"Heinrich Pumpernickel" writes:

>i got this question in a c/c++ job interview............
>
> "why are manhole covers round? give at least 10 reasons"



An interview is a face to face conversation. If the interviewer said "ten"
for 10 he was wrong.

Otherwise the transcript of the interview is wrong. The OP has little regard
for English, as demonstrated by following this, which looks like English,
with some gibberish.

Another possibility is that it wasn't an interview at all, but a written
test of some kind.


 
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Joachim Schmitz
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      08-17-2007
"Richard Heathfield" <(E-Mail Removed)> schrieb im Newsbeitrag
news:(E-Mail Removed)...
> Joachim Schmitz said:
>
>> "Heinrich Pumpernickel" <(E-Mail Removed)> schrieb im Newsbeitrag
>> news:(E-Mail Removed) oups.com...

> <snip>
>
>>> my boss sez thats !true b/c according to a^2 + b^2 = c^2 , in his
>>> words ,
>>> "the height of a equilateral triangle is 0.8660254 times its edge
>>> length, so there's plenty of space left to accomodate for the
>>> supporting rim and the cover's thickness, and still some space
>>> left to allow it drop down.

>> Your boss is partly wrong,

>
> No, he isn't.
>
>> a^2 + b^2 = c^2 is valid only in right
>> triangle, in an equilateral triangle the height is sqrt(3)/2 times
>> it's edges' lenth, so his result is correct ...

>
> So is his reasoning. The easiest way to calculate the height of an
> equilateral triangle is to realise that it consists of two right
> triangles back to back, both having the same height. Pythagoras is
> exactly the right tool for the job.

<blush>, embarrasing... your right, have overlooked (or is it overseen?)
that:
h^2 + (a/2)^2 = a^2 --> h = sqrt(3)/2 * a

Bye, Jojo


 
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Kenneth Brody
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      08-17-2007
Philip Potter wrote:
[...]
> The question seems as daft as asking "Why do we drive on the right?"


Because if we drove on the left, we'd drive right into a car heading
straight towards us.

--
+-------------------------+--------------------+-----------------------+
| Kenneth J. Brody | www.hvcomputer.com | #include |
| kenbrody/at\spamcop.net | www.fptech.com | <std_disclaimer.h> |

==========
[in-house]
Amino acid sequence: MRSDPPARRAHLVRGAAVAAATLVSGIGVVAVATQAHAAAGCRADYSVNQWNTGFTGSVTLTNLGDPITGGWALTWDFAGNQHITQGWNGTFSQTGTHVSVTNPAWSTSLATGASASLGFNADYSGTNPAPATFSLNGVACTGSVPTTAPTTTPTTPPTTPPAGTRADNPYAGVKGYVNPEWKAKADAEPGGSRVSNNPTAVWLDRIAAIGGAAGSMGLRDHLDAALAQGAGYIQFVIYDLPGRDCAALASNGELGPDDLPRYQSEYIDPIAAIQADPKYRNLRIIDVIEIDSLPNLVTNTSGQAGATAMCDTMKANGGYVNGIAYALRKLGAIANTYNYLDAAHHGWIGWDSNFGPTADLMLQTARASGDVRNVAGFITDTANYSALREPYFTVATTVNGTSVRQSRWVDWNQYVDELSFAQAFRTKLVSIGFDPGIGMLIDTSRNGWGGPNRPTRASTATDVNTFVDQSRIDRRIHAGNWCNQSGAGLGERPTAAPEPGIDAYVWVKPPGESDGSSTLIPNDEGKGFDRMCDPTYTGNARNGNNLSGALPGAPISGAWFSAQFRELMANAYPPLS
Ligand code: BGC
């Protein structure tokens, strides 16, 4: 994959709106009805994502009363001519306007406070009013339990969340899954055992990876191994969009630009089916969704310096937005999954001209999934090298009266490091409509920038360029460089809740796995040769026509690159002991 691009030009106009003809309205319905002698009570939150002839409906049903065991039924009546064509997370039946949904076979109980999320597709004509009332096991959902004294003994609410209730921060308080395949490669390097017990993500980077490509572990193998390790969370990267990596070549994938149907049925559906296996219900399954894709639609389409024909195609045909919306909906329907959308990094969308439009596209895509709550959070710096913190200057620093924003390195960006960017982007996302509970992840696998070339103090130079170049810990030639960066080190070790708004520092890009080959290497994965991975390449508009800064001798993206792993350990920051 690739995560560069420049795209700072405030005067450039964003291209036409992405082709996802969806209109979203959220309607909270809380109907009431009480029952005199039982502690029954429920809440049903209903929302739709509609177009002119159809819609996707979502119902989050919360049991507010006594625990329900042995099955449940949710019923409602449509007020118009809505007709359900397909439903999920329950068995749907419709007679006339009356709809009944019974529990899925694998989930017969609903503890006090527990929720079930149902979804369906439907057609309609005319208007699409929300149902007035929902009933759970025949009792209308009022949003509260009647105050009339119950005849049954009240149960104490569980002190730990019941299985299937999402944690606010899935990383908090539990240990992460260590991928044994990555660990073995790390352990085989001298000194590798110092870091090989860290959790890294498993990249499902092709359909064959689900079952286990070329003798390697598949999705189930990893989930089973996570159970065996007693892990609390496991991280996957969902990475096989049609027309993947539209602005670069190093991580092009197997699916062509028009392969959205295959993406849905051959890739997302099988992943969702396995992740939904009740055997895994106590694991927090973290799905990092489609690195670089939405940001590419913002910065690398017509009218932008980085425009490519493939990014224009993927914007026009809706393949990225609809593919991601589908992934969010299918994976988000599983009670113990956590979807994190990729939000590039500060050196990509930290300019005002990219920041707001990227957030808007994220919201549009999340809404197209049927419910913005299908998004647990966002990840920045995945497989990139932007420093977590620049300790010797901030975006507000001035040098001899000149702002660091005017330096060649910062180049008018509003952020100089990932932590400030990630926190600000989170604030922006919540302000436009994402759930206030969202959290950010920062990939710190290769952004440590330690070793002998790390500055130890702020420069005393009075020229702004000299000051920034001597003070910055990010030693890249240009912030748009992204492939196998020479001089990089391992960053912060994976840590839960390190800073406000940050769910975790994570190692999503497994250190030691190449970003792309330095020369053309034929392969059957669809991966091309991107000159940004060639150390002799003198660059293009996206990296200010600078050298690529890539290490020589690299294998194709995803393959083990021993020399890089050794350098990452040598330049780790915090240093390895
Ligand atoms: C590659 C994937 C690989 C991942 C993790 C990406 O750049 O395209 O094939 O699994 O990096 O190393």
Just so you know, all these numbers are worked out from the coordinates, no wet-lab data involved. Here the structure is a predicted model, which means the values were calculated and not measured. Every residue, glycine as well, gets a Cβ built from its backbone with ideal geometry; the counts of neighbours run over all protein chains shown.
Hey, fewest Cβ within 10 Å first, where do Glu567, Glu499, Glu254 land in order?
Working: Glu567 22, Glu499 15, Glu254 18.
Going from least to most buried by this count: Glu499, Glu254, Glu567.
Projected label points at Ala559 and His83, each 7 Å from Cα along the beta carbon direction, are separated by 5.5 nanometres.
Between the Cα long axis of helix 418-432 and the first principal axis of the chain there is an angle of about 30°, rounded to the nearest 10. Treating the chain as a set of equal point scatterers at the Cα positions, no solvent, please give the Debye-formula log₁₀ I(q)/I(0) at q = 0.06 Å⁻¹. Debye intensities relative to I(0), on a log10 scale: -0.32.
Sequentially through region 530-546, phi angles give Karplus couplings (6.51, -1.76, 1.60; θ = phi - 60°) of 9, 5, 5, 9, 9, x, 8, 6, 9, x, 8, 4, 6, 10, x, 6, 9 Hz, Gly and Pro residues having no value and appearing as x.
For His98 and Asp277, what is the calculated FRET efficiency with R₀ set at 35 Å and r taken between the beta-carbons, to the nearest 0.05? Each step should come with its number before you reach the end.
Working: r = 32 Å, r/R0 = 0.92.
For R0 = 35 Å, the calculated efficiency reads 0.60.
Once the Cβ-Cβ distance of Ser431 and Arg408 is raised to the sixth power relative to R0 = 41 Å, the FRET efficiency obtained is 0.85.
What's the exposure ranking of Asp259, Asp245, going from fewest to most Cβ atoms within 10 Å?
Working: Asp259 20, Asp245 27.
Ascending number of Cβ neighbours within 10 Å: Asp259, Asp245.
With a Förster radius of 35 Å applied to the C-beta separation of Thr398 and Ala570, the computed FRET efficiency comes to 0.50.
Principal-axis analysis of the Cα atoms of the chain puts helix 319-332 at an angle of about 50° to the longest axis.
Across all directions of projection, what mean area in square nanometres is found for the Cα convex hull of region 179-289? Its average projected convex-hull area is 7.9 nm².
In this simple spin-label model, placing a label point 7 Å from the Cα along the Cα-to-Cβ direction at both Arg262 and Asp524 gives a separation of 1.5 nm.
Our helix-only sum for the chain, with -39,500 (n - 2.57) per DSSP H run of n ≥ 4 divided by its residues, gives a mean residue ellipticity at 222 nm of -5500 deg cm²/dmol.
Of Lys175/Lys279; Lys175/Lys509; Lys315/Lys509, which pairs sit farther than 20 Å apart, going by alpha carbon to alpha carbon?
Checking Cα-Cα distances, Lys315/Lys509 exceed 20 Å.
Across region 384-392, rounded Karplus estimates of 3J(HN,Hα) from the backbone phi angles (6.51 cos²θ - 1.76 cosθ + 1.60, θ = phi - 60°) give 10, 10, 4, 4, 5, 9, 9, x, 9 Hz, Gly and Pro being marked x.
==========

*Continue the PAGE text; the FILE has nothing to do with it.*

+-------------------------+--------------------+-----------------------+
Don't e-mail me at: <(E-Mail Removed)>


 
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Philip Potter
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      08-17-2007
Kenneth Brody wrote:
> Philip Potter wrote:
> [...]
>> The question seems as daft as asking "Why do we drive on the right?"

>
> Because if we drove on the left, we'd drive right into a car heading
> straight towards us.


Funny. I have the opposite problem.

--
Philip Potter pgp <at> doc.ic.ac.uk
 
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srimks11@gmail.com
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      08-17-2007
On Aug 16, 4:30 am, Heinrich Pumpernickel <(E-Mail Removed)>
wrote:
> i got this question in a c/c++ job interview............
>
> "why are manhole covers round? give at least 10 reasons"
>
> do u no the a to this q???
>
> --
> mfg, heinrich


Hi.

I guess this query was becoz to test your aptitude rather C/C++. It
was basically a psychological assessment type of query that how one
approaches a question with more than one "right" answer.

Few things which strikes me are -
(1) Manholes, which interconnect underground sewerage pipes, and serve
as a point of entry for cleaning the pipes, are located at every major
sewer pipe junction, and are capped with round manhole covers.
(2) The reason for the circular construction of these covers is, quite
simply, that covers of any other shape would fall through the manholes
by virtue of their varying diameters.
(3) Anything falling takes round shape.
(4) Round shape or a sphere type object has less base area.
(5) The surface tension for round shape body is less then object
having different shapes.
(6) Above (3), (4), (5) makes things fall faster inside manhole.
(7) Manhole being round in shape makes a round manhole cover not to
fall through its circular opening, whereas a square manhole cover may
fall in if it were inserted diagonally in the aperture.
( Round manhole covers, once removed, require less lifting and less
manpower, as their shape allows them to be rolled easily.
(9) A round manhole and cover can sustain more damage and still serve
effectively.
(10) A round manhole is also easier to install.

HIH

Mukesh K Srivastava